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> 2) Started writing interesting content. Truly good content is a PITA and you need to be a decent writer to make something compelling, but our first good article got us more traffic than the entire site with over 100 content pages.

What was different with that piece of content? Was it only the content or did you also promote/tailor that content to new channels?

I can't really say without giving my details, and as you can see I like throwaways :) especially when I'm at work.

The difference was that the rest of our content was bland marketspeak whitewash garbage stuff. "Expand your client list 5x TODAY" type bs. Also useless PDF whitepapers on project we completed. Pro tip, nobody reads PDF unless it's the only content available, and on Google that's rarely true :).

The new articles were all focused on specific issues that our clients would have. Some favorites: "TWC business modem speed up" "AdWords tracking conversions" "Choosing the right software development company" "Pros and cons of outsourcing development" "Online marketing for small businesses "AdWords overview for CEOs and VP s" "How to hire AdWords expert" "Company outing locations in (cityx)" "Most popular CMS for company websites" "Small business tax audit guide"

Articles with a clear purpose and tailored to what our kind of client, and person, would be searching for. Admittedly this takes some really creative thinking but the results can be amazing.

Not all of our articles were related to what we did at all. They were built so that our target customers would search for them. Business owners, especially local. People looking for custom software even if it's not what they initially have in mind.

Our only channel for these articles was google search. In all, about 95% of our traffic went to new articles straight from Google. We trailered content mainly to our location, and this is probably a wise choice for any small business.

The content raised Google's opinion of how good our site was, even when the article wasn't bringing in sales. Most of the time they would be first page for targeted keywords, about 40% of the time the first result. Some of them are years old now and still first on Google, if that gives you an idea of how powerful well written pieces can be.

Writing the actual content: make sure the article is long and well written. The times/WSJ/new yorker should be a guide for what kind of writing google likes. Long form and extremely focused on a subject. Pictures help too.

Google looks at how many people view your article, for how long, and whether they go back to search afterwords if it wasn't what they wanted. They track future searches related to the article they just brought you to, to see if it has stimulated the person to read more into whatever your article was talking about. So for example the best CMS article. Did the user that read your article end up checking out the CMS you mentioned? They track how often users return to the same article, and probably whether they bookmark it. They even know how deep your knowledge is by comparing the distribution of uncommon words in your article to more trusted sources like journals and high quality books on the same subject. This is all admittedly speculation but google is extremely good at rating the quality of your content. The new AI processing google uses probably doesn't even know why an article is good, it just knows that it is.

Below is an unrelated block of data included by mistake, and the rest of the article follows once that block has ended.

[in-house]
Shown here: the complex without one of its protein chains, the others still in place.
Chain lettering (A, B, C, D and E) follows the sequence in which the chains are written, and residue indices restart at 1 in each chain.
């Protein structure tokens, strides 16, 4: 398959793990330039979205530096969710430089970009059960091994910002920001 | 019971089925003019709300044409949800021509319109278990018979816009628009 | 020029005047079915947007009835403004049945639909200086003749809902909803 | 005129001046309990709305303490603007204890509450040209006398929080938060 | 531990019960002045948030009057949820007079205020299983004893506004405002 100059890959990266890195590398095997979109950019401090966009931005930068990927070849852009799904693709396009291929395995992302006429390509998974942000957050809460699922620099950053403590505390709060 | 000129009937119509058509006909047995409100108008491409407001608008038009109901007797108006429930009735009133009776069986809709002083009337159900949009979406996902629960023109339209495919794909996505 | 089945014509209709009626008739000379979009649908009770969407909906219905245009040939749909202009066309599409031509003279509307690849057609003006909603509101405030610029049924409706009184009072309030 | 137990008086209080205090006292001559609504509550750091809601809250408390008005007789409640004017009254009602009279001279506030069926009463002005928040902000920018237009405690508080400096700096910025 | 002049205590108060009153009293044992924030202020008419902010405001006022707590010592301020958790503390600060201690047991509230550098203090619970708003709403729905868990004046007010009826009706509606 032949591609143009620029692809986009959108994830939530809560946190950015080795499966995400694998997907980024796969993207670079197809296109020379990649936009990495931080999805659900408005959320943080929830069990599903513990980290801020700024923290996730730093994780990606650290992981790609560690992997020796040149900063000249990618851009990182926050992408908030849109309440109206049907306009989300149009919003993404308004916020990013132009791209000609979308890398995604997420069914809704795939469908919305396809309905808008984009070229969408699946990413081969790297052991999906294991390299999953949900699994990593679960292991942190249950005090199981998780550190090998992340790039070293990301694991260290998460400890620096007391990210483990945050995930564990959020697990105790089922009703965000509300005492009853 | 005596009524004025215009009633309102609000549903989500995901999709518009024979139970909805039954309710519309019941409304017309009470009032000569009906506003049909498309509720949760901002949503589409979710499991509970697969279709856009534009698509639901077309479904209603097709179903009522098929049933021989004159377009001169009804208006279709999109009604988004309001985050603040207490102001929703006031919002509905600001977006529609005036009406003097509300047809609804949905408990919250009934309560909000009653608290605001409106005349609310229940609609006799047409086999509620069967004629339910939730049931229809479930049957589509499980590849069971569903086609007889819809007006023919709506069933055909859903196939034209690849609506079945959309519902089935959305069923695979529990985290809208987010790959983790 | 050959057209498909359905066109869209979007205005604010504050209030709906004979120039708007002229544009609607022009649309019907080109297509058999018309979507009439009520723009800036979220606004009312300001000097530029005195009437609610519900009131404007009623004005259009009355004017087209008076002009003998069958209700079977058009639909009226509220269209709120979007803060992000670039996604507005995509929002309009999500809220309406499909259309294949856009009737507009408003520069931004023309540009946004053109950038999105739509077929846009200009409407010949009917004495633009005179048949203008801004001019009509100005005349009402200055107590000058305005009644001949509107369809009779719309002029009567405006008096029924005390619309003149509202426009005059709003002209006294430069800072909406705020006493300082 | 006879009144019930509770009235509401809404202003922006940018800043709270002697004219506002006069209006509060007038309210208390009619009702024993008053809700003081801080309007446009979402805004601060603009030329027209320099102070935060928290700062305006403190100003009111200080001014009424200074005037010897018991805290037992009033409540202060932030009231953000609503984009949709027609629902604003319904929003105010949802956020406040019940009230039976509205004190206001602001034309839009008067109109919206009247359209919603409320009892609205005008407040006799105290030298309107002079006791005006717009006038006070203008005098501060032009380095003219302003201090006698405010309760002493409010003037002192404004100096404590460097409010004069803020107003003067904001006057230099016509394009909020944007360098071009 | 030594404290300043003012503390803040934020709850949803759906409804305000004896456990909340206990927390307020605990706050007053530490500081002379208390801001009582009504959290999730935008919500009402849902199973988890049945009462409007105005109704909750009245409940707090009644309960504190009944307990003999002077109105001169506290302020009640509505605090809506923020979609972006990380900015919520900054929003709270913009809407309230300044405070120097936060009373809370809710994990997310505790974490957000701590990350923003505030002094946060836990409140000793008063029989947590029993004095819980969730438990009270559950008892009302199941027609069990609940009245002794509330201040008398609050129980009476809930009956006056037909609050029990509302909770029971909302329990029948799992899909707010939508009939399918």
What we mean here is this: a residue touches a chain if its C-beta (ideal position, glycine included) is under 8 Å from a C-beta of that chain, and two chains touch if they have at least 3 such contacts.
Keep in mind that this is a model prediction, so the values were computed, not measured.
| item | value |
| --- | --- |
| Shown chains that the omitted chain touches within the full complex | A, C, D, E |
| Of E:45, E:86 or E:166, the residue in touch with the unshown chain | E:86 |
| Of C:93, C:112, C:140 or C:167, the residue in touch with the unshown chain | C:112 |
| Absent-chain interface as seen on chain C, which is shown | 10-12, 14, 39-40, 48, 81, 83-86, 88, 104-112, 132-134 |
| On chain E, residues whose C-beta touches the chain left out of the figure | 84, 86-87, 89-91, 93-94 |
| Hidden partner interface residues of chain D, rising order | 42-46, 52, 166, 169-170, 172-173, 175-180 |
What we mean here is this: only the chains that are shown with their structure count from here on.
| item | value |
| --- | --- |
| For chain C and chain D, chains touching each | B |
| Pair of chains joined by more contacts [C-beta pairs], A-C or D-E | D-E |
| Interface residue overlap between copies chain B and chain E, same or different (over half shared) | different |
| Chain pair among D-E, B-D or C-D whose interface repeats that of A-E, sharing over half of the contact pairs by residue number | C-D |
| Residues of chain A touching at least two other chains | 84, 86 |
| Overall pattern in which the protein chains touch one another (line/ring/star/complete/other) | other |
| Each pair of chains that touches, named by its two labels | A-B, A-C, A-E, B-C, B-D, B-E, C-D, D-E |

The thing that helped me most writing the good articles was a deep background in the subject. For things I didn't know as much about, like managing the business, I would pick the brain of somebody that did know a lot for an hour or two then put it to writing.

If you don't have much knowledge about the things you should be writing about you need to find a decent writer that does.

If you don't want to deal with all that just pay google money for ads, and get really good at "the game". AdWords is extremely competitive and you need somebody with the drive to win at any cost, because the road from the start of your first campaign to something profitable will be expensive and hard.

Channels are overrated IMO :) you can reach around 90% of all web users on Google alone, and close to 100% on Google+fb. To start out at least, just pick a few very pervasive platforms and get really good at using them

Thanks so much for writing this out. I actually do a lot of the stuff you mentioned here already with comparable success.

Google is my main traffic driver and I never had much luck with content shared through social media or any other channels. For me, it's 90% Google as well and some articles are there for 8 years already. 3-5 articles out of a hundred or so drive 80% of new signups.

I treat my articles like shopping windows: I revisit and refine them whenever I see fit. I write new content mostly to show Google that something is happening on my website. I lost rankings on some articles, because I didn't publish a lot through 2016.

Anyways, your comment is a good description on how one can succeed by making their customers' problems their main SEO/traffic strategy.

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